Re: Hello

    Hey Justin!

    Welcome, I understand the difficulties with consistency but sometimes it's just enough to sit down, even for a breath, then get up and continue about your day. Many many shiny things out in the world. Internet, books, people, sunshine (sit outside ) but all become a part of practice eventually (not that I'm even close :shock: ).

    But as long as the effort is made to at least plop down on the zafu, commitment becomes easier. A moment turns into a minute, a minute into 5, 5 into 10, and so on. Eventually you may find yourself waking up at 4:30 in the morning to sit just because (not me yet, 8 am does just fine for this guy :P )

    Gassho
    Taylor

  7. #7

    Re: Hello

    Hi.

    Welcom.
    May you find what you seek here.
    And if there is anything don't hesitate to ask.

    Mtfbwy
    Fugen

  8. #8

    Re: Hello

    Quote Originally Posted by serenitynow
    There are just so many distractions around the house: wife, internet, TV, books. It's just hard to force myself to go downstairs and do what I know I need to do.

    ~Justin
    One of the things that brought me to Zen in the first place was a realization that I didn't really care about any of that stuff (well, at least the internet, TV, and most books. I'll leave my wife out of the list ops: ). The story of Sidhartha resonated - material things were not bringing pleasure. One thing you might ask yourself - do you really want to watch that TV show? Are you really interested in what you were going to look at on the internet? Or is it just a way to kill time? If you ask yourself that question, you might find youself more often on the zafu and less often in front of the tv.

    Just a thought. It has worked for me (so far - but I have been at it less than a year).

    Good luck. Welcome to the Sangha. There are some brilliant writers here that help me a lot.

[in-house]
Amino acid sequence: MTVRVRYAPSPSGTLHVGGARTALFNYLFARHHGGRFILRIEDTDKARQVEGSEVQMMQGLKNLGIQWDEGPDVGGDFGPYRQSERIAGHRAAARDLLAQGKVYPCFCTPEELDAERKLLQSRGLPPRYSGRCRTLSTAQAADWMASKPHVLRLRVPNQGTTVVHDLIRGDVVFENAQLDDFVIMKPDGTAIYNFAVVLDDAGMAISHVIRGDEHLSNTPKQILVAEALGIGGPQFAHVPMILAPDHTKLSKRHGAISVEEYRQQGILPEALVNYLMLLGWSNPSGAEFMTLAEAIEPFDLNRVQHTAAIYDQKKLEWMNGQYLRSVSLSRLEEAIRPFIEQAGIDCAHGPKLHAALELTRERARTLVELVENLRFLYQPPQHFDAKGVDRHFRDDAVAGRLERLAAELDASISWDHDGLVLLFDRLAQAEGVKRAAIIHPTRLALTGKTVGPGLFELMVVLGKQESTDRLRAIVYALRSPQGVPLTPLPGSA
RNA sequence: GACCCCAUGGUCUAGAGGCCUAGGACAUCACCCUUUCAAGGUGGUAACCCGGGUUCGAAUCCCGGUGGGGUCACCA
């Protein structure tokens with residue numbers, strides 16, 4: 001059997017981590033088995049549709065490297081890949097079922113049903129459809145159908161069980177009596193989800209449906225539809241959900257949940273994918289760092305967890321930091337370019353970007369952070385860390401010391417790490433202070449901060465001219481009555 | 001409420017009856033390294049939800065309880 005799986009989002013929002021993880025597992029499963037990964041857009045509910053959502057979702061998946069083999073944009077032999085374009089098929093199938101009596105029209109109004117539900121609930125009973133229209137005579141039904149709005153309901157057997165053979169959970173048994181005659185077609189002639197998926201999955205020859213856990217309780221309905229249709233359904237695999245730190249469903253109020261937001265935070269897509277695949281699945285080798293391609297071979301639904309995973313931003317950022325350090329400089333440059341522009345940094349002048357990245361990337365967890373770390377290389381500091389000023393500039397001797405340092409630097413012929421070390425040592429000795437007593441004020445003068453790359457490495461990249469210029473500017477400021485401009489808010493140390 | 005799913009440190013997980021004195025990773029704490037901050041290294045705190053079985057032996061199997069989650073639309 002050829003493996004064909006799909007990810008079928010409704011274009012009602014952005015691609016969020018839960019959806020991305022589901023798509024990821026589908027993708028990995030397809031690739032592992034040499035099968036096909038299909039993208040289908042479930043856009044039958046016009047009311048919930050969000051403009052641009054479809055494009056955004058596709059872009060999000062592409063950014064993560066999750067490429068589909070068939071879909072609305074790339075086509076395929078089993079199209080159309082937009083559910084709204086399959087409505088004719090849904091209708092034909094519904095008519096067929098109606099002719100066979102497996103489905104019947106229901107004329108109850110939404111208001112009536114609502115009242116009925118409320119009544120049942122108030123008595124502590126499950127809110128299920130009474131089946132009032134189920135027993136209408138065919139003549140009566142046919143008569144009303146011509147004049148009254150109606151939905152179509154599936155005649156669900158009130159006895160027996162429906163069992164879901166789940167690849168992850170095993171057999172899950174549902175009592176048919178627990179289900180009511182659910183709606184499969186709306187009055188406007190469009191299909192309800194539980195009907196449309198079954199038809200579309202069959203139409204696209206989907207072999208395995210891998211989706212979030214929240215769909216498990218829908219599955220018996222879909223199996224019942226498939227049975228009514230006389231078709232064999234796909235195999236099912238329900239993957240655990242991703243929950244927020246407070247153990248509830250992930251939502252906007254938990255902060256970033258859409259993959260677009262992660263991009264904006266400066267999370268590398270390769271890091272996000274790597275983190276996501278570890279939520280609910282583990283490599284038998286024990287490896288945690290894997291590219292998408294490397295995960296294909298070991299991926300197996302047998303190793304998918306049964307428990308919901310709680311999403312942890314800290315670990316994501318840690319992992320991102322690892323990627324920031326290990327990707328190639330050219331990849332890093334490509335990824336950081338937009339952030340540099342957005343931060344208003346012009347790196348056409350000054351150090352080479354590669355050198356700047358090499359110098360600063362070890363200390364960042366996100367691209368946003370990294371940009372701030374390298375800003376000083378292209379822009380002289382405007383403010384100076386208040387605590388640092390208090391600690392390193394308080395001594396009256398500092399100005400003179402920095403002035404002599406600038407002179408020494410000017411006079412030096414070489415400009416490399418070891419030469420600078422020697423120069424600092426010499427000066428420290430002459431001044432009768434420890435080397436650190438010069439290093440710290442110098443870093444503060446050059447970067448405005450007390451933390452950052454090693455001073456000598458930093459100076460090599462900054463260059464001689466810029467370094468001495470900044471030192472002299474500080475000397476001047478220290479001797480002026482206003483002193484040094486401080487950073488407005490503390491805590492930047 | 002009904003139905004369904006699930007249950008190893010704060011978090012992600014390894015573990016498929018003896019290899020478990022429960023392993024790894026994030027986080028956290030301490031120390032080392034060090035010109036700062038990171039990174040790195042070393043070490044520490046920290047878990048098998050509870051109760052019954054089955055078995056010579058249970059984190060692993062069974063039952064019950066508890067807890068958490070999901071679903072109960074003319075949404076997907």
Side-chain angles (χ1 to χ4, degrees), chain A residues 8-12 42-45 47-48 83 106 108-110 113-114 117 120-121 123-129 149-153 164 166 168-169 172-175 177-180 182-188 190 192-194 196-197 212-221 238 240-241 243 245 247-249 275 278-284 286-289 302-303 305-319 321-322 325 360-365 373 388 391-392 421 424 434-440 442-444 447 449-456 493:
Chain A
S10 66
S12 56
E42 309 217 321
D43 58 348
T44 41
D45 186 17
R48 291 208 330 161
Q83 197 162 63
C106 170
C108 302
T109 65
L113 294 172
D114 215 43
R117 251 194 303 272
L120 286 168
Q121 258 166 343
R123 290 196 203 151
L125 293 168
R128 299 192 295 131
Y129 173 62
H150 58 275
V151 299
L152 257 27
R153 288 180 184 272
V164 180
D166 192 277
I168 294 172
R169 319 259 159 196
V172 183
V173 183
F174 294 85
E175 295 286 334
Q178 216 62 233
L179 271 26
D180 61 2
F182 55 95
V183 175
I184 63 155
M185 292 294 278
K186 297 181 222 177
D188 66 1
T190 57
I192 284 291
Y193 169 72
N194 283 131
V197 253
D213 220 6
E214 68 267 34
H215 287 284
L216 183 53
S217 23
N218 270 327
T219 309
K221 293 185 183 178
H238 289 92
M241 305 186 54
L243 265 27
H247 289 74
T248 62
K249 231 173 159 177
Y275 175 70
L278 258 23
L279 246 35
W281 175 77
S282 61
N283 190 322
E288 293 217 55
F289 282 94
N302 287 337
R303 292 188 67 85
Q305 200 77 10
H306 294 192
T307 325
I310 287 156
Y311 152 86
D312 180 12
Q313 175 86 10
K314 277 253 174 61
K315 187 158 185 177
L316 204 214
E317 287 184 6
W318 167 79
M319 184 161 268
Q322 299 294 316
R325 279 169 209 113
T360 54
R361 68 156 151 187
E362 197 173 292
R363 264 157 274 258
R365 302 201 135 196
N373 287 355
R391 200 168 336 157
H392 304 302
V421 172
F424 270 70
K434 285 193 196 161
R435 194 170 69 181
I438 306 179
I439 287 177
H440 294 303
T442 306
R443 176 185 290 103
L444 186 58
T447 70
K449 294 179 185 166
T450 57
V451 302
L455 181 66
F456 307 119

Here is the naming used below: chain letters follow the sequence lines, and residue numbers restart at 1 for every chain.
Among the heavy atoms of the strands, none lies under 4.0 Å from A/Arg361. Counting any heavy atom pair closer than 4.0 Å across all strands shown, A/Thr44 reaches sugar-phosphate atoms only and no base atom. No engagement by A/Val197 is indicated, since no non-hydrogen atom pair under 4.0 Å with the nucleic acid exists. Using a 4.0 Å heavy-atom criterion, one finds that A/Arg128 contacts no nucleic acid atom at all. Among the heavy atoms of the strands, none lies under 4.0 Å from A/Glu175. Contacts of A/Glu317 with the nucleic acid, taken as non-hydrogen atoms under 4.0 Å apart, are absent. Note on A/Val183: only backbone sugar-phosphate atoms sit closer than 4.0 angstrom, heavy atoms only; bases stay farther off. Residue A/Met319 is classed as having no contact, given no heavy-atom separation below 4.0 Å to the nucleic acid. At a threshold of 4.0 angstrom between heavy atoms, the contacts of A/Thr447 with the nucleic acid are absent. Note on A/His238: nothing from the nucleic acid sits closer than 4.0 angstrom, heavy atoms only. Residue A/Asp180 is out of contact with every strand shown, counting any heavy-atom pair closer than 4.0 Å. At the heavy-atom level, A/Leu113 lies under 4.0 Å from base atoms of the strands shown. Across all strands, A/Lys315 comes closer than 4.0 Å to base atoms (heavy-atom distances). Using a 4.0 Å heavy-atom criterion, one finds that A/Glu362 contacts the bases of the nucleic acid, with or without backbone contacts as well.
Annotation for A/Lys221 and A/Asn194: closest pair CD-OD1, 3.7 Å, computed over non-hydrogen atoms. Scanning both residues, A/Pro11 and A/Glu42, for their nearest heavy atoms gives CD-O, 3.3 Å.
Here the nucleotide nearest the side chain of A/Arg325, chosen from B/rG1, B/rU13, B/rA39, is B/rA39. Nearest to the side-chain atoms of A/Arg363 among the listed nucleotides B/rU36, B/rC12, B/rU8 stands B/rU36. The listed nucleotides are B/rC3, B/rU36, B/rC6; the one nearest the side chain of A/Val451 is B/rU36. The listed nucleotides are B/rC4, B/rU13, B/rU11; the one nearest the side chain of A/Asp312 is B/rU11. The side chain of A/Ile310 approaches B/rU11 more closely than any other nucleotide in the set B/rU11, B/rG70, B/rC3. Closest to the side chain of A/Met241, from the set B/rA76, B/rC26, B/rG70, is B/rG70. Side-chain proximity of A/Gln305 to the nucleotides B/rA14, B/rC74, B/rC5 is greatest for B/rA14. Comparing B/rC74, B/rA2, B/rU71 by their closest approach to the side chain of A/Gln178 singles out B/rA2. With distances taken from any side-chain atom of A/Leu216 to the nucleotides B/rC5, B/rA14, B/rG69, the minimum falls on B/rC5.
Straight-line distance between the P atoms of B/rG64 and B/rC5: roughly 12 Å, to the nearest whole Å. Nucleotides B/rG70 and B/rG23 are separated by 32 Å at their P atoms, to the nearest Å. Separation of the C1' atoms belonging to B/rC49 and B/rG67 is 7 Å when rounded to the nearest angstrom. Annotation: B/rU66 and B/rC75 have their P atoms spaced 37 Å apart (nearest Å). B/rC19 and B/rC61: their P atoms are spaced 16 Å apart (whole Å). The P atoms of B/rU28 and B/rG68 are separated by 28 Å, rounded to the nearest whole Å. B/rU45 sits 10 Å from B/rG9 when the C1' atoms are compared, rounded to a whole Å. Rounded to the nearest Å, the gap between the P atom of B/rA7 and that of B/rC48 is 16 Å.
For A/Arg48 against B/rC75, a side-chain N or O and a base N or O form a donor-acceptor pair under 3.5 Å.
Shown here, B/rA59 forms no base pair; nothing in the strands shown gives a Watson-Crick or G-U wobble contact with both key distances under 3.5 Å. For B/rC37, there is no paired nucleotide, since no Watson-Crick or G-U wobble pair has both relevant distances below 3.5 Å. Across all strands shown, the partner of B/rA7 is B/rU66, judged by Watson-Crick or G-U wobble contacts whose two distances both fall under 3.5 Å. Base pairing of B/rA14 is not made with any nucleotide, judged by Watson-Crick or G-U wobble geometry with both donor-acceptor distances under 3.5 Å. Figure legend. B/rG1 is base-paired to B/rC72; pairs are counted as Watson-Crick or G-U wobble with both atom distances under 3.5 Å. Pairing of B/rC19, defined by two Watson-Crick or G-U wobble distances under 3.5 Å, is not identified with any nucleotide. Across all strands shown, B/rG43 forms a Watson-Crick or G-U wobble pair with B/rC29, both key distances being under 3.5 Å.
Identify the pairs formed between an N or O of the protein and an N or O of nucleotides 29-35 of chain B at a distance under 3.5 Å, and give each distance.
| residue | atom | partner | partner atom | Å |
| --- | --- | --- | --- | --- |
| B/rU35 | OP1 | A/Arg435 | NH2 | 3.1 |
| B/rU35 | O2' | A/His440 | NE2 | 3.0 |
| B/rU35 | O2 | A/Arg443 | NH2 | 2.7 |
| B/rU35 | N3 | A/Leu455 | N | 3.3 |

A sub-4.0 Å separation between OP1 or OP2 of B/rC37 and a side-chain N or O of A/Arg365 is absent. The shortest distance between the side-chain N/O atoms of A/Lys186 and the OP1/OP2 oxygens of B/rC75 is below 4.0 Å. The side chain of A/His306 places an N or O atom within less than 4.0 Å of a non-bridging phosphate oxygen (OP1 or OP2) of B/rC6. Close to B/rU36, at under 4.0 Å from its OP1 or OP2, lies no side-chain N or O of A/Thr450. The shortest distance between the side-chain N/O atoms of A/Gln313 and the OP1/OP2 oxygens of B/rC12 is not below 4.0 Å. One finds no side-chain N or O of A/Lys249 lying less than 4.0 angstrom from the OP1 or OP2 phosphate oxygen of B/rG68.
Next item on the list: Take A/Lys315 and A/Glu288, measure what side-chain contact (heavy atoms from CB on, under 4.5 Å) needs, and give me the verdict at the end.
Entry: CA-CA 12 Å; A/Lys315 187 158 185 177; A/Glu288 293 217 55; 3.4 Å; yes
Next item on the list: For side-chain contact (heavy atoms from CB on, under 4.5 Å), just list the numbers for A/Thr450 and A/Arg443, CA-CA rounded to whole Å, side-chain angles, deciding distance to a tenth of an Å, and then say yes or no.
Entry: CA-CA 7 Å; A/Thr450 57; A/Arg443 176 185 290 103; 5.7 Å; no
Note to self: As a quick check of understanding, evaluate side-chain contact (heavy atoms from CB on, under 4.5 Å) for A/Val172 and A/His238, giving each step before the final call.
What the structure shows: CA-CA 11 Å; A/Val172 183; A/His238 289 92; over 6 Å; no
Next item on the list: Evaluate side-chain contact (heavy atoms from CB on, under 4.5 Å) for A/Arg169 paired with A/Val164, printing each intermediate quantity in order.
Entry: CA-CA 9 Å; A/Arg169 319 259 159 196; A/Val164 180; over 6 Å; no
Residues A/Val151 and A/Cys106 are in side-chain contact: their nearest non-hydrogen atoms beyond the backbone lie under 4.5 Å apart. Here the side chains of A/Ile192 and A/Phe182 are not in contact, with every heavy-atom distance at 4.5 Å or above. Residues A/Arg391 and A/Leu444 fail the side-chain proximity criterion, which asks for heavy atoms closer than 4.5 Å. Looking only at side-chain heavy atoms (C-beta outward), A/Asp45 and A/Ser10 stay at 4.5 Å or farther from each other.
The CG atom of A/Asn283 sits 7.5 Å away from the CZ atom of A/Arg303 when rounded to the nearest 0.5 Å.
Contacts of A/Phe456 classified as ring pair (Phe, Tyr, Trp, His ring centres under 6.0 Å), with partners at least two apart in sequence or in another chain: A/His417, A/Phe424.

Craig

  9. #9

    Re: Hello

    Quote Originally Posted by JohnsonCM
    Try to remember that nothing is a distraction, even the distractions. Part of Zen practice is not discriminating between good and bad, conducive to meditation or distracting, etc. Just to experience things-as-it-is (as Susuki Roshi says). I believe on the Shambala Sun Space blog, Jundo even has a video of how we should practice zazen once in a while in a busy place. Once you can settle into yourself, and realize the things-as-it-is mind, quiet room, noisy neighbors, meowing cat, gentle breeze, bird on a branch singing, blaring radio, all becomes exactly what it is. Sit when you can, but try to sit daily. Noises, like thoughts will come up from time to time. Let them be what they are, don't block them out but don't grasp at them either, and let them continue on their way.
    Hi Justin,

    Welcome again.

    Chris (JohnsonCM) expressed it very nicely here.

    We had a thread just this week about all these "distractions". Or, are they each "Buddhas and Teachers"?

    viewtopic.php?p=36563#p36563

  10. #10

    Re: Hello

    Thanks everyone for the warm welcomes. I sat yesterday for 30 minutes, was interrupted by the wife once but not a bad sit all-in-all.

    It's interesting about annoying noises...whether during sitting or not. Somehow the human-generated noises are much more disturbing than natural noises. There is always the thought in the back (or front) of my mind, "why are they making so much noise? They SHOULDN'T be making so much noise. I have a right to peace and quiet in my house. How dare they."

  11. #11
    Senior Member KellyRok's Avatar
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    Re: Hello

    Hello all,

    Hi Justin and welcome to Treeleaf! Finding the time to sit will be a struggle at times with all of the committments we have in this world. There is some really good advice here though.

    If you can, maybe try getting up a little earlier in the morning to have that quiet space you need. I do this often, as it is summer, I have two boys and I'm a stay at home mom. My 'me' time is very limited. But sometimes, I find that sitting near and with all the 'noise' around me; that I can find more peace in acknowledging it and simply letting it pass. Most of the time I sit in our living room while my kids are playing the Wii very near me. I hear them, but I don't focus on the sounds. I've even encouraged my husband to sit with me for a little while, he usually lasts around 10 minutes and then gets up and quietly leaves me to sit the rest. He's not interested in the intellectual side of zen, but he said he does feel better after sitting with me. Maybe your wife would be open to sitting for a little while at least.

    The more you sit, the less distractions you'll find will bother you. As others have stated, consistency is the key!

    It's great to have you here and we'll do what we can to help.

    take care and happy sitting,
    Kelly-Jinmei